The outer most layer is where we keep our infrastructure logic. Typically the outer most layer is going to be the most impure. Here we will encapsulate the infrastructure, web layer, database layer, network interfaces, etc. These typically combine a lot of services to build out an implementation.

These are typically functions that deal with things like handling web requests, saving data to the database, etc.

TLDR: Separate your business logic from your implementation details.


It’s easier to distinguish between the business logic, and the implementation logic within a function. This means that it is also easier to understand which means that it’s easier for people to change and as a result can more easily verify their changes are correct.

  • Distinguish + Understand = Easier to read (readability)
  • Change = Easier to maintain (maintainability)
  • Verify = Easier to test (testability)


Now it’s time to write some clean code using the above architecture pattern. Now the following code is going to be extremely poor for exaggerating purposes to make it easier to identify what dirty code looks like and how we can refactor it.

OK so to start with, let’s assume you are tasked with the following:

Create a register_user function which takes a set of user prams, and returns a newly created user or an error.

Logically the function also needs to:

  1. Validate the incoming params have all the required fields
  2. Verify the organization the user is added to has enough seats/licenses for the user to be registered
  3. The user needs to be added to the organizations
  4. If the user is successfully registered, then a welcome email should be sent.

So first, let’s take the most naive approach and a clear example of what dirty or non-clean code looks like.

Seriously, this is bad, prepare yourself.

1def register_user(%{organisation_id: org_id, account_type: type}} = user_params) do
2 case Enum.all?(["name", "email", "password", "organisation_id"], fn(field) -> user_params[field] end) do
3 true ->
4 case Repo.get(Organisation, org_id) do
5 nil -> {:error, :not_found}
6 org ->
7 valid =
8 case type do
9 "basic" -> org.used + 1 > org.capacity
10 "pro" -> org.used + 2 > org.capacity
11 "elite" ->
12 if org.grandfathered do
13 org.used + 1 > org.capacity
14 else
15 org.used + 3 > org.capacity
16 end
17 end
19 if valid do
20 %User
21 |> User.changeset(user_params, organisation)
22 |> Repo.insert()
23 |> case do
24 {:ok, %User{} = user} ->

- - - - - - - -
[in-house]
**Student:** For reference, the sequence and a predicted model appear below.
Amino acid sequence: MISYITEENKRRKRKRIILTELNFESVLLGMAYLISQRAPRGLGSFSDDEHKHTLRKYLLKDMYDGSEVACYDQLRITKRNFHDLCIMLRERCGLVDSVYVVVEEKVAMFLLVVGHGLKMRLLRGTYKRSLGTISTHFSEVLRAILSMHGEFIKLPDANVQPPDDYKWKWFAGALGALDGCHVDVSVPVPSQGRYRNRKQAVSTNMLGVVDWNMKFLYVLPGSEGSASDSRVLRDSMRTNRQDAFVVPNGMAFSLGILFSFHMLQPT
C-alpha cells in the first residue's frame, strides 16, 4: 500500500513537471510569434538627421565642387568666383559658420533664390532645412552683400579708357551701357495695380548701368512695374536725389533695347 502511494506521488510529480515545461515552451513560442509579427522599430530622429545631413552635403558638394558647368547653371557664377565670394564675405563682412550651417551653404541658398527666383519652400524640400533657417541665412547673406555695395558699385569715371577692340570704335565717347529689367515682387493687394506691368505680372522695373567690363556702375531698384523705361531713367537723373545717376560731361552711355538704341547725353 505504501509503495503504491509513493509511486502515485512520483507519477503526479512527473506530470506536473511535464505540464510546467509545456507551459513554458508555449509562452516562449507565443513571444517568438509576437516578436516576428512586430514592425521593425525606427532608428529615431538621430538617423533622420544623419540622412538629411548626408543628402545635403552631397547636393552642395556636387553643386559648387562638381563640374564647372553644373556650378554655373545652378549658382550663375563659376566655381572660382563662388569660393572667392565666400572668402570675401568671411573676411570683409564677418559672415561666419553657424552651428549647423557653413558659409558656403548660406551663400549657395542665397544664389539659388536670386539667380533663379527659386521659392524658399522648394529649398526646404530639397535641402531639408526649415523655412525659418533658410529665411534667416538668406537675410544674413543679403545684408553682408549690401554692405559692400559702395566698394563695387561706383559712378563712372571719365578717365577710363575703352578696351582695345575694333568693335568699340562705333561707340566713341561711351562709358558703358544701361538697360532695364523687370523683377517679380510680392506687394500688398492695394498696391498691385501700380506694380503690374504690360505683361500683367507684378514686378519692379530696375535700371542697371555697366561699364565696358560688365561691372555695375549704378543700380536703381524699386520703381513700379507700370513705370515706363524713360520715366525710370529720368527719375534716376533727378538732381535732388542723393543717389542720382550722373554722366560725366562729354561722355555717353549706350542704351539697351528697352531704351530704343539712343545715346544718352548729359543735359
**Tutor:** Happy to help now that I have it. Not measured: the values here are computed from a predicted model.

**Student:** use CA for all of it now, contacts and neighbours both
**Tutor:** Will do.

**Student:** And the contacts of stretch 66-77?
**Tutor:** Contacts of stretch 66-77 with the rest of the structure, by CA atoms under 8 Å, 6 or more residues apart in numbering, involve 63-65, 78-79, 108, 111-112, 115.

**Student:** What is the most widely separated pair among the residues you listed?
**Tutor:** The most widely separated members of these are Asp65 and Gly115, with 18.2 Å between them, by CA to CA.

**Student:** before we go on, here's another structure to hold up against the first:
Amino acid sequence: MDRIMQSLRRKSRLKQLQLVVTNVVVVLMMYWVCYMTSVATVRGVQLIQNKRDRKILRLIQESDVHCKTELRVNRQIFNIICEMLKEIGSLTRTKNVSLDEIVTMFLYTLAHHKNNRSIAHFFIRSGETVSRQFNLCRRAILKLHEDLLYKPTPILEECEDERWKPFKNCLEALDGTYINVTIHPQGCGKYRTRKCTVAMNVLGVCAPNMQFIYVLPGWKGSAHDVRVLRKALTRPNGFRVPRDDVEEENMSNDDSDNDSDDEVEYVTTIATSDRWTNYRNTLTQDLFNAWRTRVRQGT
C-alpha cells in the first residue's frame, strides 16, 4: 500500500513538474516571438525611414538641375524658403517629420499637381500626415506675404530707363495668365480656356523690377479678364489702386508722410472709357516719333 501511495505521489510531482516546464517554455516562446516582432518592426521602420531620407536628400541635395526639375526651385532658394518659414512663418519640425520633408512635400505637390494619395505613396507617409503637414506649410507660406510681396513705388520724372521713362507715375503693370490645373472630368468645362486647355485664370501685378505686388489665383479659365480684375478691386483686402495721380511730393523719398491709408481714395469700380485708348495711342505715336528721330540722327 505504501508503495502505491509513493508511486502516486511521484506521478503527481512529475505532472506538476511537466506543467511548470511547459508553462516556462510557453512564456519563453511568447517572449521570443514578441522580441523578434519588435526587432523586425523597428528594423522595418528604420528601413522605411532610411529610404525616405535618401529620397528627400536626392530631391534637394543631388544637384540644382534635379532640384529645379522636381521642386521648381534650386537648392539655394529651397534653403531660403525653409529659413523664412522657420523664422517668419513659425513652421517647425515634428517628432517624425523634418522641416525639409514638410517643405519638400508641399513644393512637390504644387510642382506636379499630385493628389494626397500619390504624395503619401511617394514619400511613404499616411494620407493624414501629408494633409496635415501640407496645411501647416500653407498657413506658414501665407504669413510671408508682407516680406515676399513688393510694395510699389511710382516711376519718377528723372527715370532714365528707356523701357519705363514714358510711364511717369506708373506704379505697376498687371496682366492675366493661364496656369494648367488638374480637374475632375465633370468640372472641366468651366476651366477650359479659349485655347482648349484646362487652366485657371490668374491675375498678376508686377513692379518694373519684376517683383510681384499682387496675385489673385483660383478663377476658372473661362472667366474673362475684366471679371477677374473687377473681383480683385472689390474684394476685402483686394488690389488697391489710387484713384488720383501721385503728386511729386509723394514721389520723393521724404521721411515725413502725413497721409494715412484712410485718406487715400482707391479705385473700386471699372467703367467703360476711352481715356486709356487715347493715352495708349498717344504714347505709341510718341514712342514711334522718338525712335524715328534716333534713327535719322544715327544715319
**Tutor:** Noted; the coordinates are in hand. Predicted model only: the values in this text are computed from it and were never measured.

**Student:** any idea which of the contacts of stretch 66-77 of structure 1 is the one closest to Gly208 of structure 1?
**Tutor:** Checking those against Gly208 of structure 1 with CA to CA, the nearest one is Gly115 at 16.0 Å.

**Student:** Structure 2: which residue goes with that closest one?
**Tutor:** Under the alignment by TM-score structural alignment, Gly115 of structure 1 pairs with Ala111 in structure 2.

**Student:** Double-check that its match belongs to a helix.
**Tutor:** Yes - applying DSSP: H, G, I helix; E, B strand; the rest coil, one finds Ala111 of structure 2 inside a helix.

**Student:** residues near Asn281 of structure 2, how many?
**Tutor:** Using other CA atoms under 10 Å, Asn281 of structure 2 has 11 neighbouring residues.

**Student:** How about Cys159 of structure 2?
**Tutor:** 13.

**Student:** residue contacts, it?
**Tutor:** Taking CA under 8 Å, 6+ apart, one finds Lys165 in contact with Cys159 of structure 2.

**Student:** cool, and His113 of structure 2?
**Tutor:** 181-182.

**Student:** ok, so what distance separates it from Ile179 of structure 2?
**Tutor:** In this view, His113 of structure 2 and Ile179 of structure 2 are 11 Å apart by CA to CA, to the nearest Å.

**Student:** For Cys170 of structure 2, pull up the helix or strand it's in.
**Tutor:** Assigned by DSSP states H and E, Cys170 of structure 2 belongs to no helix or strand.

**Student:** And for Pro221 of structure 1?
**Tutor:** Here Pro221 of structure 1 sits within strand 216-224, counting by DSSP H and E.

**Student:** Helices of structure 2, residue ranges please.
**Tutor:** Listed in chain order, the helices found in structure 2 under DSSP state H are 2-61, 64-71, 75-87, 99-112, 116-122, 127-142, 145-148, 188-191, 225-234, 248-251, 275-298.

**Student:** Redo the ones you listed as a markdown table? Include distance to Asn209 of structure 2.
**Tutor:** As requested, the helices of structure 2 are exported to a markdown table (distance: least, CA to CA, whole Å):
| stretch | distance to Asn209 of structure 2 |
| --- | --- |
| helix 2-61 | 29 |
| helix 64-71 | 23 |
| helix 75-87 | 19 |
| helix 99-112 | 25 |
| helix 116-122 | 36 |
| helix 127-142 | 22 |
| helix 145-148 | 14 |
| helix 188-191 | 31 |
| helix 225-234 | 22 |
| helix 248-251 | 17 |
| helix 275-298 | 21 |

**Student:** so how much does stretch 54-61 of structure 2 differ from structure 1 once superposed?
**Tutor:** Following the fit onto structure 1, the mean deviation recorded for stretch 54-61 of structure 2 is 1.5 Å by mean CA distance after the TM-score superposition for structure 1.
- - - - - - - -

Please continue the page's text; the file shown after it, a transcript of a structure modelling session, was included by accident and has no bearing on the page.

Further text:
25 case EmailLibary.send("Welcome to OurCompany",, "") do
26 :ok -> {:ok, user}
27 error -> error
28 end
29 error -> error
30 end
31 else
32 {:error, :over_capacity}
33 end
34 end
35 false -> :error
36 end

OK now obviously this isn’t something you would frequently see, but an exaggerated example to highlight the issues of dirty code.

So looking at this function, we can see it meets all the acceptance criteria.

  1. ✅ It validates the Params
  2. ✅ Verifies the organization’s seat capacity
  3. ✅ Saves the user under the organization
  4. ✅ Sends a welcome email

If this post was about writing code that met the product requirements, we’d be done right here and now.

But it’s not, it’s about writing clean code and this poor summer child has strayed far from the light.

So let’s break down exactly what’s wrong with code and why it would not be considered “clean”. To do this, we will use the three elements of clean code that I listed above. Again, there are a lot more benefits/characteristics of clean code but for now, let’s just focus on these three.

  1. Readability:


An experienced programmer (or even a novice) could probably read through this function and determine what it is doing given enough time. You can vaguely go through and get an understanding of what’s going on here but an important aspect is missing. You are not sure why things are being done the way they are.

Why do they go through the ["email", "name"..] params? Why do they do that weird valid check thing with the capacity?

By reading this code, I have no idea what is happening.

Because I have no idea what is going on or WHY things are done the way they are, I do not feel confident in making changes to this code.

  1. Maintainability:

Good luck.

  1. Testability:

Tests are a great way to determine if your code is doing more then it should.

If you are writing unit tests to validate XYZ but also have to set up ABC then you need to think if what you are testing is well thought out.

Think about how you would go about testing all the logic in this function. If you wanted to test the email sending logic, you’d first need to set up a user and organization in the db, build the rights params and ensure the org is valid all to just test that the sending of an email is valid?!

The problem with this being untestable isn’t just it’s a nightmare to test, its that because it’s a nightmare that devs won’t want to test it or at the very least only test small parts of it, possibly leaving large crucial parts untested, because really, who wants to test the above monstrosity.

So in summary:

  • ❌ Is not readable
  • ❌ Is not understandable
  • ❌ Difficult to maintain
  • ❌ Hard to test

So how can we fix it?

First let’s break this code apart and try and separate our business logic, application logic and our infrastructure code.

1case Enum.all?(["name", "email", "password", "organisation_id"], fn(field) -> user_params[field] end) do
2 true -> #....
3 false -> :error

This isn’t business logic, this code is needed as a consequence of the implementation we went with. What’s nice though is that this is pure, which means it’s going to be super easy to test. So let’s move this to the outer layers.

1case Repo.get(Organisation, org_id) do
2 nil -> {:error, :not_found}
3 org -> #....

Impure + database access = outer layers

1valid =
2 case type do
3 "basic" -> org.used + 1 > org.capacity
4 "pro" -> org.used + 2 > org.capacity
5 "elite" ->
6 if org.grandfathered do
7 org.used + 1 > org.capacity
8 else
9 org.used + 3 > org.capacity
10 end
11 end

Checking if an organization has enough seats left? This one is business logic. Without this code, our application would not solve the problems of our business domain.